Home > Publications . Search All . Browse All . Country . Browse PSC Pubs . PSC Report Series

PSC In The News

RSS Feed icon

Thompson says America must "unchoose" policies that have led to mass incarceration

Axinn says new data on campus rape will "allow students to see for themselves the full extent of this problem"

Frey says white population is growing in Detroit and other large cities


Susan Murphy to speak at U-M kickoff for data science initiative, Oct 6, Rackham

Andrew Goodman-Bacon, former trainee, wins 2015 Nevins Prize for best dissertation in economic history

Deirdre Bloome wins ASA award for work on racial inequality and intergenerational transmission

Bob Willis awarded 2015 Jacob Mincer Award for Lifetime Contributions to the Field of Labor Economics

Next Brown Bag

Monday, Oct 12 at noon, 6050 ISR
Joe Grengs: Policy & planning for transportation equity

Lauren Nicholas photo

Does Managed Care Reduce Federal Spending? Evidence from Medicare

Publication Abstract

Download PDF versionNicholas, Lauren. 2009. "Does Managed Care Reduce Federal Spending? Evidence from Medicare." PSC Research Report No. 09-671. February 2009.

Although Medicare Managed Care (MMC) was introduced as a way to reduce costs, the effect of the program on total Medicare spending is unknown. Current literature has focused on three conflicting sets of findings including spillover effects from managed care which reduce total Medicare spending and positive selection into managed care and overpayments to managed care plans relative to Fee-for-Service (FFS) spending, which increase spending. This research reconciles these results by examining the effects of Medicare managed care penetration on total county-level Medicare spending for elderly beneficiaries from 1999 - 2004. Using an instrumental variables approach, I find that a one percentage point increase in Medicare managed care penetration increases total county Medicare spending by 1.1 percent, $2.6 billion in 2004 dollars. There is no evidence of cost-reducing spillovers from MMC penetration to FFS. Increases in FFS spending likely caused by positive selection into MMC account for 40 percent of the increase in costs, the remainder is built in by federal payment policy to MMC plans.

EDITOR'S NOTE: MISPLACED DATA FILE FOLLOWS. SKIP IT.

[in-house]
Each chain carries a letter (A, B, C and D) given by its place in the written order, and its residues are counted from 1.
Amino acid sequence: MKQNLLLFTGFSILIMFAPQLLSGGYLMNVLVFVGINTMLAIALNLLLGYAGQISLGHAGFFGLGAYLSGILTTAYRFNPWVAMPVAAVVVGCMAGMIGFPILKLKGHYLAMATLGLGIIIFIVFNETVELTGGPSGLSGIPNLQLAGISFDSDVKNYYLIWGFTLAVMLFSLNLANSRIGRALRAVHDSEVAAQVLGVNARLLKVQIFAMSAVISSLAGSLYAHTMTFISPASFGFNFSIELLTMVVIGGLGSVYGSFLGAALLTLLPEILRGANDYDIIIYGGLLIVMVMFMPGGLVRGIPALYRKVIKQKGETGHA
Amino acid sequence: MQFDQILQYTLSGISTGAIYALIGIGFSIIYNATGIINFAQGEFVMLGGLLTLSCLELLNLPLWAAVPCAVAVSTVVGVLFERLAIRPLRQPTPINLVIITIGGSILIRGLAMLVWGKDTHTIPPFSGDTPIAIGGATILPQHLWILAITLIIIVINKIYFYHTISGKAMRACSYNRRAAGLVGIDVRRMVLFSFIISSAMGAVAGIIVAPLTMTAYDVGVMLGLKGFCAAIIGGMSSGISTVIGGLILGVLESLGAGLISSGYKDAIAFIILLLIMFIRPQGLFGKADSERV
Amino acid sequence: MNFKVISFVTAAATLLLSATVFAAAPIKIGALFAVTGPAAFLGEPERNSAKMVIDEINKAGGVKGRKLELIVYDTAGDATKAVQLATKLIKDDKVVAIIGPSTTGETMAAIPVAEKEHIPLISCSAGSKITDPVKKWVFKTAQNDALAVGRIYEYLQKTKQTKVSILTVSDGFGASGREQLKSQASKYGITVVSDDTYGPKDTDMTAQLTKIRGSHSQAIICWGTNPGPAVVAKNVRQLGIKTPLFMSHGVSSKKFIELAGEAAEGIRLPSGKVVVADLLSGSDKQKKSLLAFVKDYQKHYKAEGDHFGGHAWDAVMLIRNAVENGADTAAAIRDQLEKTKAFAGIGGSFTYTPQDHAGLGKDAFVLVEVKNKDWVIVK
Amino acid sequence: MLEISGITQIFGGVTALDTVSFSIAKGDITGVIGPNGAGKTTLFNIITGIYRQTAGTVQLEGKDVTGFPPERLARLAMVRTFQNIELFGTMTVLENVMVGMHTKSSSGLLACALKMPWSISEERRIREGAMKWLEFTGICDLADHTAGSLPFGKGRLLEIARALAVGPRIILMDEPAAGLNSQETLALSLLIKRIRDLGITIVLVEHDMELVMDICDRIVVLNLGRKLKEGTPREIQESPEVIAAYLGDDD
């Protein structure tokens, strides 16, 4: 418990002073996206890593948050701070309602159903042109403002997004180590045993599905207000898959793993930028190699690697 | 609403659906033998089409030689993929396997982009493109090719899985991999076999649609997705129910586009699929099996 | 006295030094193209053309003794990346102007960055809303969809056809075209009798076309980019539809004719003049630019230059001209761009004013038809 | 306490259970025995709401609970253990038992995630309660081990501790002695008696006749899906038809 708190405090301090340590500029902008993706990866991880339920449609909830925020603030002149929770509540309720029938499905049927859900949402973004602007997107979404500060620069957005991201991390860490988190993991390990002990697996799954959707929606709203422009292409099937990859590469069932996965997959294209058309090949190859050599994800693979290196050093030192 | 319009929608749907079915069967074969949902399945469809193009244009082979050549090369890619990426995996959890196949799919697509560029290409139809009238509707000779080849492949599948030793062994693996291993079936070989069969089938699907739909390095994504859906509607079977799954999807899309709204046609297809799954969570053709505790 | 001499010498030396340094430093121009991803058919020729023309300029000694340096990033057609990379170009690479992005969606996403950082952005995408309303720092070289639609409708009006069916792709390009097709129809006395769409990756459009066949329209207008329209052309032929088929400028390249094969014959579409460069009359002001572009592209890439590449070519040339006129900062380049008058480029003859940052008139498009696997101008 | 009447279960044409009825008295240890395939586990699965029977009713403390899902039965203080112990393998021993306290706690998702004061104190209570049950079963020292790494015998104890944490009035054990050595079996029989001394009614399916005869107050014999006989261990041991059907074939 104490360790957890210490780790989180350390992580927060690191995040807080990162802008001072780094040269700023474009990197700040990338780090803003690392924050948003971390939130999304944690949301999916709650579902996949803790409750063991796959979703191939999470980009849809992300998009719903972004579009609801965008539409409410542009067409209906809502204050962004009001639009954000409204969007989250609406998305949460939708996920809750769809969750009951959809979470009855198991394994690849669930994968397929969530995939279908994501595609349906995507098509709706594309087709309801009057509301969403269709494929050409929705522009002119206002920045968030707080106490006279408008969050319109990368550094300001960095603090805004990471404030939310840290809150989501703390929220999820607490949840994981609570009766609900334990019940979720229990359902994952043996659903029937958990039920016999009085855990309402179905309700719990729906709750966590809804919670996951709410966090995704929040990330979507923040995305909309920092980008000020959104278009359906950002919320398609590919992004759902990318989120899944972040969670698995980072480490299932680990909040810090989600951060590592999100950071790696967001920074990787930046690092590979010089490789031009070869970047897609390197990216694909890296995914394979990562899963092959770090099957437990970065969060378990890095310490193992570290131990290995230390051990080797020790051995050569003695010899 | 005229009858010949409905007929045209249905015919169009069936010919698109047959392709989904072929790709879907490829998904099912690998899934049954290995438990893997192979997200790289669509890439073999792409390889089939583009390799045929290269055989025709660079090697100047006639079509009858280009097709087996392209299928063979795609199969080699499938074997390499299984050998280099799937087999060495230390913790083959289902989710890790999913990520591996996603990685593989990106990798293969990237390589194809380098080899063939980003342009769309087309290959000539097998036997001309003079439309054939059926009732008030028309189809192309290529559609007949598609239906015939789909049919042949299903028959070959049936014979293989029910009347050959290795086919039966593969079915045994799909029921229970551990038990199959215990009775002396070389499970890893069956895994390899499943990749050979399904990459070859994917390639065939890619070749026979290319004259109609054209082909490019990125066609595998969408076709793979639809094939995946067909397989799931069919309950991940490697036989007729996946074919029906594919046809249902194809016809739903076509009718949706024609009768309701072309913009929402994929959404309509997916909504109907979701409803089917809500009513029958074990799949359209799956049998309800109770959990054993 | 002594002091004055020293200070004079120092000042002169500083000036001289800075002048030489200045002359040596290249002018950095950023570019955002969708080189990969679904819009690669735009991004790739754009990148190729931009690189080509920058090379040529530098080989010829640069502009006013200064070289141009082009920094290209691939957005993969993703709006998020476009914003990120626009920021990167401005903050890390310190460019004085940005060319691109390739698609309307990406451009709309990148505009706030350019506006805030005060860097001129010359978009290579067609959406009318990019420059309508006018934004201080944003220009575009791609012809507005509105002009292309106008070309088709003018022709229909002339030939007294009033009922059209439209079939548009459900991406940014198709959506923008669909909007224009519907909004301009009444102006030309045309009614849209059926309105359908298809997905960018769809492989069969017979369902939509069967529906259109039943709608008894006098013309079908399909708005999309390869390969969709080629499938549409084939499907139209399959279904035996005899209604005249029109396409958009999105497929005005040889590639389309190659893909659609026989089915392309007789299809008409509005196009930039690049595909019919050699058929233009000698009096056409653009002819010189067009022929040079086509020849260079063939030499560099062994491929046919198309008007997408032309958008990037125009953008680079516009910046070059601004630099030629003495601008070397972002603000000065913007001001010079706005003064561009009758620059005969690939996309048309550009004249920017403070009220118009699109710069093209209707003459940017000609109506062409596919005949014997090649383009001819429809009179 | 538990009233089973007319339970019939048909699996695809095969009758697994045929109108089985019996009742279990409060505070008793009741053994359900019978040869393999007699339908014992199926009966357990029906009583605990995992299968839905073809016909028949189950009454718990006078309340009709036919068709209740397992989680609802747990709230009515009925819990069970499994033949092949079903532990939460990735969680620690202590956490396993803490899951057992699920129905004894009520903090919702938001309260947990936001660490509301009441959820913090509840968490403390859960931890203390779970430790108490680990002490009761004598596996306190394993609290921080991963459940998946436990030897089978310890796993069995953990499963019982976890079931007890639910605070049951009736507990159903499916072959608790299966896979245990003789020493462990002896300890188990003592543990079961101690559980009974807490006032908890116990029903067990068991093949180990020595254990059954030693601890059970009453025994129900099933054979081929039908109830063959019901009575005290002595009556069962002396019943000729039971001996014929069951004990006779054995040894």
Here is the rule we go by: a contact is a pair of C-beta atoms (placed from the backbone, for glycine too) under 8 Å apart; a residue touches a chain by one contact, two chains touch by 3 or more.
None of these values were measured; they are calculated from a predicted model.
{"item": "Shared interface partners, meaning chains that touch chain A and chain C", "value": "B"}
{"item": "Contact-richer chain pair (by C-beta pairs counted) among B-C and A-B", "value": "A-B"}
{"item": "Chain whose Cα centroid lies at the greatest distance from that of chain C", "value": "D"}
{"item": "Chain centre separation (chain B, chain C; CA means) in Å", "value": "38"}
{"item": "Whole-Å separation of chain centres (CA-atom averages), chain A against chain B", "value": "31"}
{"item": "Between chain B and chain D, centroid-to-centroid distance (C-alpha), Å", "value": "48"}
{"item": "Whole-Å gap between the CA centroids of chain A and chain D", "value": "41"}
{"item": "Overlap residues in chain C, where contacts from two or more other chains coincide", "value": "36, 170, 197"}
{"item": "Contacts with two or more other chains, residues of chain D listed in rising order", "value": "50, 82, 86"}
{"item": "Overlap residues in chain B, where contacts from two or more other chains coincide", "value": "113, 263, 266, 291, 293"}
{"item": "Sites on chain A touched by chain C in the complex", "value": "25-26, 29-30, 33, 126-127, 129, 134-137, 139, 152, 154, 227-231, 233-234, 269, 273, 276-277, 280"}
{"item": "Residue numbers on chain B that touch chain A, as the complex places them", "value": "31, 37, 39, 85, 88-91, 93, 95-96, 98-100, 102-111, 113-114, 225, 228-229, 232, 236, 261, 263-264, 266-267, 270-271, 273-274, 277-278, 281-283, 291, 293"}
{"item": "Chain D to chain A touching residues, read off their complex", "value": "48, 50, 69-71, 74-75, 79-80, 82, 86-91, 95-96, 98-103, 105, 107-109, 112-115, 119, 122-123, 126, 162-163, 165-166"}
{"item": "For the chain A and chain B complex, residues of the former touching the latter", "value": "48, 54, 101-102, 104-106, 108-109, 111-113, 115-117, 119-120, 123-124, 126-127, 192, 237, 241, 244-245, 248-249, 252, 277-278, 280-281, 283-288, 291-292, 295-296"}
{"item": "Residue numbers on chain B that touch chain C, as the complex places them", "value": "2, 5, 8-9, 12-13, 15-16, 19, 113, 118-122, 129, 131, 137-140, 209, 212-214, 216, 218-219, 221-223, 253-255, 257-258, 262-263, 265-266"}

Country of focus: United States of America.

Browse | Search : All Pubs | Next